In May 31, 2014, the total outstanding debt of the United States government stood at $17.52 trillion. The debt outstanding has gone up by $7.5 trillion, since the start of the financial crisis in September 2008. On September 30, 2008, the total debt outstanding had stood at $10.02 trillion. In a normal situation as a country or an institution borrows more, the interest that investors demand tends to go up, as with more borrowing the chance of a default goes up. And given this increase in risk, a higher rate of interest needs to be offered to the investors.
But what has happened in the United States is exactly the opposite. In September 2008, the average rate of interest that the United States government paid on its outstanding debt was 4.18 per cent. In May 2014, this had fallen to 2.42 per cent.
When the financial crisis broke out money started flowing into the US, instead of flowing out of it. This was ironical given that the US was the epicentre of the crisis. A lot of this money was invested in treasury bonds. The US government issues treasury bonds to finance its fiscal deficit.
As Eswar S Prasad writes in The Dollar Trap - How the US Dollar Tightened Its Grip on Global Finance, “From September to December 2008, U.S. securities markets had net capital inflows (inflows minus outflows) of half a trillion dollars...This was more than three times the total net inflows into U.S. securities markets in the first eight months of the year. The inflows largely went into government debt securities issued by the U.S. Treasury [i.e. treasury bonds].”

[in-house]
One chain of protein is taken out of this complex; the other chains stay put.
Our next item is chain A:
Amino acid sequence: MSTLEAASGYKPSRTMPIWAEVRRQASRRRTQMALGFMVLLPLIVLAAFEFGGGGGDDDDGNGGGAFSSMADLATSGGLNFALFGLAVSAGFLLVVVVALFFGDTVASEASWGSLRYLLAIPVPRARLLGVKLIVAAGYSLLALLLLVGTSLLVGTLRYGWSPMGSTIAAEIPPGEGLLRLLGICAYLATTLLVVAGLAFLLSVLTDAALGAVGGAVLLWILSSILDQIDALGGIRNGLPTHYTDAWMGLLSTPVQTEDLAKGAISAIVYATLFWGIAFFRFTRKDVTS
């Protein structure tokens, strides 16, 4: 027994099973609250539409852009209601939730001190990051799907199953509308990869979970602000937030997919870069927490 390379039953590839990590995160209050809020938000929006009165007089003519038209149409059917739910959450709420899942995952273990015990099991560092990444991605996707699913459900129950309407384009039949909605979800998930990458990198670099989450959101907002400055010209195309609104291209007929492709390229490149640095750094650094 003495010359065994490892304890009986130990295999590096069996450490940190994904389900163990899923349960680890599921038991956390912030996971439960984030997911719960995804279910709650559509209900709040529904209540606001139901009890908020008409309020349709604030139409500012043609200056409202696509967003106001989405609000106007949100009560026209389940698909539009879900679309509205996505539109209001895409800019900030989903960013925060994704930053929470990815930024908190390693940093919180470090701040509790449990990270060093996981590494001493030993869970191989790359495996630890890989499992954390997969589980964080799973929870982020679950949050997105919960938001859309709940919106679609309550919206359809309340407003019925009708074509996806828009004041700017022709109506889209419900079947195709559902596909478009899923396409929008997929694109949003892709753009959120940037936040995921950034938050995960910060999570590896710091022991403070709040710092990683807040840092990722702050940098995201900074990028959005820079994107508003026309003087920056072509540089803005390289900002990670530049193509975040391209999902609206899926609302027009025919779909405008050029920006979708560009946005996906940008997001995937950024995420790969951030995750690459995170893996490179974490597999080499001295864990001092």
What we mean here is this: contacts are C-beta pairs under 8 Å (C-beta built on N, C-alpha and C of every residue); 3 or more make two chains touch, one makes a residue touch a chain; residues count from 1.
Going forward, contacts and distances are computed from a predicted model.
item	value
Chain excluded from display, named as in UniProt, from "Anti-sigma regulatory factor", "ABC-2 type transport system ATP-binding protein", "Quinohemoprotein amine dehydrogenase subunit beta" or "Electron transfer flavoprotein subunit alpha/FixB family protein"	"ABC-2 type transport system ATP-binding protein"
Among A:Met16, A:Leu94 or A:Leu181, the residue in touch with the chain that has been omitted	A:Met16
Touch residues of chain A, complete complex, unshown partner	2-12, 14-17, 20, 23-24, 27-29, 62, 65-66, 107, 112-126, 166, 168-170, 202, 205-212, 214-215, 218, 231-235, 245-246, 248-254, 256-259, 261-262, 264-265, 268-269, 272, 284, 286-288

This trend has more or less continued since then. Money has continued to flow into treasury bonds, despite the fact that the outstanding debt of the US has gone up at an astonishing pace. Between September 2008 and May 2014, the outstanding debt of the US government went up by 75 per cent.
The huge demand for treasury bonds has ensured that the American government can get away by paying a lower rate of interest on the bonds than it had in the past. In fact, foreign countries have continued to invest massive amounts of money into treasury bonds.
Between 2010 and 2012, the foreign countries bought around 43 per cent of the debt issued by the US government. In 2009, this number was slightly lower at 38.1 per cent. How do we explain this? As Prasad writes “The reason for this strange outcome is that the crisis has increased the demand for safe financial assets even as the supply of such assets from the rest of the world has shrunk, leaving the U.S. as the main provider.”